First, football can decrease its fans health. When we are watching football match, we often palpitate because increasing heart rate until more than 70 times per minute. As a result, you may get hypertension, hypertrophy on left ventricle, atherosclerosis or even heart attack. Even after football match over, stress can appear for those who get his favorite team lose. Therefore, they tend to be angry easily and cause conflict, riot and hooliganism.
The hidden crisis of mental health among footballers
Ex-footballers can suffer from alcohol dependency or suicidal thoughts when adjusting to life after the game
After he gave an interview in which he said he would be "better off dead", the Professional Footballers' Association (PFA) said on Monday that Sansom was now staying in a hotel and its counsellors were discussing treatment options with him.
"We have helped Paul continuously since he's had his problems. We get him back on track but then it can be a pattern," said PFA chief executive Gordon Taylor.
"Coming out of the game and losing that everyday involvement has not been easy for him, the same for Kenny Sansom."
Football can have a major impact on mental health. It is thought to affect emotions, relationships, identity and self-esteem. In a recent study, one in four fans said football was one of the most important things in their lives.
Football Association chairman David Bernstein admits the issue of mental illness in the sport has been "badly neglected in the past" and was not "high on my agenda".
Football's Suicide Secret, broadcast on Tuesday evening, examined the issue of mental illness in the sport.
It was presented by Clarke Carlisle, the chairman of the Professional Footballers' Association players' union, who has suffered from clinical depression.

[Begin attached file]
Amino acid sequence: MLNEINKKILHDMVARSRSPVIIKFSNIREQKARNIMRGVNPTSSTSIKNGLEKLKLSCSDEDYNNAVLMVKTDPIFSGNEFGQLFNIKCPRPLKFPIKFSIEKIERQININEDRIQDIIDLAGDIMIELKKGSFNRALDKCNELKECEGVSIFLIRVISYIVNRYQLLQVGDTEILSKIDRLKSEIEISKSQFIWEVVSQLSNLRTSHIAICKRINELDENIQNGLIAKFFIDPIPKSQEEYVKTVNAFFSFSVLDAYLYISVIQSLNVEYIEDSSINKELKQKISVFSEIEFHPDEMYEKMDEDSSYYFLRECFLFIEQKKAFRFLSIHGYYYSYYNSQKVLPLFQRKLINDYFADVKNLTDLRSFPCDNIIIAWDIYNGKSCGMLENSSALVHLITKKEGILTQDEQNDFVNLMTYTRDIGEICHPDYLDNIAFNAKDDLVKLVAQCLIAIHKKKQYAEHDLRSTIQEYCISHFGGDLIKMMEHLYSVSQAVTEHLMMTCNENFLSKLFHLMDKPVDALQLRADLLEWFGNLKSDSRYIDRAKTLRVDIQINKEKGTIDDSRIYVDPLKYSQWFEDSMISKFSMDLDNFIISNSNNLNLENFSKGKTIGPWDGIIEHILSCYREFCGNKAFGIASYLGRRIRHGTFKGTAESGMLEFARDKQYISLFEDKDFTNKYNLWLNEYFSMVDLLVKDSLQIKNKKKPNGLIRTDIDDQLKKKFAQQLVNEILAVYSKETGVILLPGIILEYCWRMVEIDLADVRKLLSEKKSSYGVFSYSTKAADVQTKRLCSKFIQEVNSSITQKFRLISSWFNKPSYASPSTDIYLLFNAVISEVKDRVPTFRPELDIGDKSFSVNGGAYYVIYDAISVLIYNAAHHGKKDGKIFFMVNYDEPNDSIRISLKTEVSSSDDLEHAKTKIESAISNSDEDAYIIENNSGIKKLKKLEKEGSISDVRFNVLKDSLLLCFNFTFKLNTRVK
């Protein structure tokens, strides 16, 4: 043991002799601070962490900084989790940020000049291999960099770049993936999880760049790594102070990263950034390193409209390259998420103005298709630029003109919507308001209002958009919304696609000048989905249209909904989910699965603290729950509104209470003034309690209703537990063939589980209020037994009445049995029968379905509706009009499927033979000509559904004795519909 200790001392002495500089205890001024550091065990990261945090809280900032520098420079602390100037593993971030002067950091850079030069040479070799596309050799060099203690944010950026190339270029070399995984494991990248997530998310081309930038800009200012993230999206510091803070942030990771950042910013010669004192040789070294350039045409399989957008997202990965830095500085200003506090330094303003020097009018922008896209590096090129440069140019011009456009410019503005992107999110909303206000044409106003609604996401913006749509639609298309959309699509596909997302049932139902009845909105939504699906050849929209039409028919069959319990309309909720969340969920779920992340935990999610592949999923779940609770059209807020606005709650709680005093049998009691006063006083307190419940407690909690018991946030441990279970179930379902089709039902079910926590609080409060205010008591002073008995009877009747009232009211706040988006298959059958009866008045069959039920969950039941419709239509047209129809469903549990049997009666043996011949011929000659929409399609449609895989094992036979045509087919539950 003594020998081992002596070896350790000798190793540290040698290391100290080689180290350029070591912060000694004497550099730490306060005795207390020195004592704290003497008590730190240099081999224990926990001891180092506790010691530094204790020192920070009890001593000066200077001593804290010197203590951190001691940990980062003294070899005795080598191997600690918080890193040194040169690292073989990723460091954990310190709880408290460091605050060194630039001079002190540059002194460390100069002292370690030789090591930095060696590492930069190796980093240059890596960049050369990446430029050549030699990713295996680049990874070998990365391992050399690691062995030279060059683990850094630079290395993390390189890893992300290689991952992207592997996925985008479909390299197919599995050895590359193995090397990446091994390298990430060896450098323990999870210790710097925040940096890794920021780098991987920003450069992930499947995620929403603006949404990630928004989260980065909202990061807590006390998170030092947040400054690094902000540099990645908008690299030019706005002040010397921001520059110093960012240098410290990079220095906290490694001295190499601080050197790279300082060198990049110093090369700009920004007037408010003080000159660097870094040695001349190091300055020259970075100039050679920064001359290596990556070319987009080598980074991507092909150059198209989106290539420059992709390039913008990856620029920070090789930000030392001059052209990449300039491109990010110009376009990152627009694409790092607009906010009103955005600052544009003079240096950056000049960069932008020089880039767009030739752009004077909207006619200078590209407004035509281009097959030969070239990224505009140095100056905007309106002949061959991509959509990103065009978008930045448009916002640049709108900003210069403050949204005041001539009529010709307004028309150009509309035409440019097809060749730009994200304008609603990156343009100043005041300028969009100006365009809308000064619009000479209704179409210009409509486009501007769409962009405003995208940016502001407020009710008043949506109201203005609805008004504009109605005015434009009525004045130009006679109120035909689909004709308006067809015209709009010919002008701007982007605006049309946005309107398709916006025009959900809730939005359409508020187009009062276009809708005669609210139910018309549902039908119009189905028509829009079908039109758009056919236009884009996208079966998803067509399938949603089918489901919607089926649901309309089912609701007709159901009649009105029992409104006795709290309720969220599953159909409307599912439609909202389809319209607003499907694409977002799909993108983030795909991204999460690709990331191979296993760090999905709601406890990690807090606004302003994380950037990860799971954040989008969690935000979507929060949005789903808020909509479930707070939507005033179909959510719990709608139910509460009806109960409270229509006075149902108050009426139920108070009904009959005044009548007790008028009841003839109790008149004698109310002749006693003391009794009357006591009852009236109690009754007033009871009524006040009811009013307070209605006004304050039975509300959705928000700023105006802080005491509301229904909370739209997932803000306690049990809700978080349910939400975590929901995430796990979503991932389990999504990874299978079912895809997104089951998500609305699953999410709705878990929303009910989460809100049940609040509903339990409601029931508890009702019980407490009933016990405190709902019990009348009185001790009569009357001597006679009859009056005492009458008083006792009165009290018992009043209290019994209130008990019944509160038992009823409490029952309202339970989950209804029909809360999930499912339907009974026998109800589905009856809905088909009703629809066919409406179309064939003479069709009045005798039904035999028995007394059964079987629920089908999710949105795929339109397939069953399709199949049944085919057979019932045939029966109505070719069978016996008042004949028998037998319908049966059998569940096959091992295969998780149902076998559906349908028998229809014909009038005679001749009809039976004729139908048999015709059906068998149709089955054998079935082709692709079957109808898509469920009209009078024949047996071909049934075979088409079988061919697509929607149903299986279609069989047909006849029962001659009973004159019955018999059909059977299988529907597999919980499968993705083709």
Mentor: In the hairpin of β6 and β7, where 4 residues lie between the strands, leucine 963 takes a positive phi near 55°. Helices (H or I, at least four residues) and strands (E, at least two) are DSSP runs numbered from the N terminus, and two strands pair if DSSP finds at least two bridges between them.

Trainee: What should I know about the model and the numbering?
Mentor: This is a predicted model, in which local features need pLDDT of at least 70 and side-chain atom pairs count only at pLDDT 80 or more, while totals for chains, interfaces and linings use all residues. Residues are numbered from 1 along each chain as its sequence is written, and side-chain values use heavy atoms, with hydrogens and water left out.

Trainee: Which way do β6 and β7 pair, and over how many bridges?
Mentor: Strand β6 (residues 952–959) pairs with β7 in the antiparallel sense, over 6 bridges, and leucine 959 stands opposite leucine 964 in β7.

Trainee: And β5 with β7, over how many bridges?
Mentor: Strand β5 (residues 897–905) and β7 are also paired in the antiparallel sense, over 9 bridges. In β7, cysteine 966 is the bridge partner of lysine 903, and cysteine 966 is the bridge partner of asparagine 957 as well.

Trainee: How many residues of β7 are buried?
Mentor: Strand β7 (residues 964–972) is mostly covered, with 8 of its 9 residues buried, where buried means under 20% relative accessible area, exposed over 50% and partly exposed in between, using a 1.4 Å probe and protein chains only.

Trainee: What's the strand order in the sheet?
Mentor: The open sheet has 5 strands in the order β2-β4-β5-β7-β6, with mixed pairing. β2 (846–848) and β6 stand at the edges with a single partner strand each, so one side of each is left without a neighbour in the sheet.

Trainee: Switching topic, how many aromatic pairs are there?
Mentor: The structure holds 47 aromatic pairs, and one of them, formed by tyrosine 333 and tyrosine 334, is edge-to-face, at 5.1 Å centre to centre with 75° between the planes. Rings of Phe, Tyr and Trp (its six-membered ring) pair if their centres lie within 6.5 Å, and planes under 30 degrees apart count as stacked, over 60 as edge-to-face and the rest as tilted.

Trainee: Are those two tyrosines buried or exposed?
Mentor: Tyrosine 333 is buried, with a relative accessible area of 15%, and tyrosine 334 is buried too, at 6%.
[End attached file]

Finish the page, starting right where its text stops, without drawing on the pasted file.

He admitted he was frustrated the football authorities were not doing more to tackle the problem.
Carlisle contrasted the approach in England with that in Germany, which has put in place a number of initiatives to tackle depression following the suicide of goalkeeper Robert Enke in 2009.
Meanwhile, reports such as The Concussion Crisis: Anatomy of a Silent Epidemic (Simon & Schuster, 2011) and others make it clear that the NFL and other bodies have balked for years at looking squarely at the issue of sport-caused brain injuries and embracing efforts to protect players. And many other researchers are now finding strong links between traumatic brain injuries and mental decline among athletes of all ages (the hits to young people might do the most damage, especially those that occur back-to-back)
As David Epstein notes in his “Depression in Football” story in the May 14 issue of Sports Illustrated, brain trauma experts he interviewed hope next for renewed research efforts to track players and their various medical issues, including depression and concussions, in order to tease out the connections among them.
At the least, the NFL, NCAA and other governing bodies should be held to the task of providing care for these remarkable athletes throughout their lives, not just during the halcyon years when they sacrifice their long-term health, physical and mental, to dazzle us on field.
Sports, The Greatest Hypnotic Distraction? How sports distraction may be single-handedly preventing mass awakening
Will this cycle be broken? Will sports fans take a stand and realize that our team (of Constitution, liberty, freedom and America lovers) needs help spreading the message of freedom in America to defeat the agenda of the other team of people committed to the global government and the destruction of America, the Constitution, and freedom? If not, then what will it take for sports fans to wake up? This is a concerning question in a country where many sports fans are fanatically addicted to the cycles of competition in the same way addicts are addicted to gambling and alcohol.
Are you a sports fan who understands what is happening and are awakened to our fight for freedom, liberty and the American Way? Help spread this information and hopefully together we can all help break through the sports hypnosis that is stalling one of the great human awakenings of all time and that has a stranglehold on the heart and inner strength of America. Breaking through the sports hypnosis will hopefully fuel the passion for freedom in the hearts and minds of our youth including all of our star athletes around the country who have a lot to offer our country far beyond the endorsing of products to their fans. If you agree please share this article with sports fans and athletes alike.
If you want to know what is wrong with sports and this country, look no further than the nearest sports fan.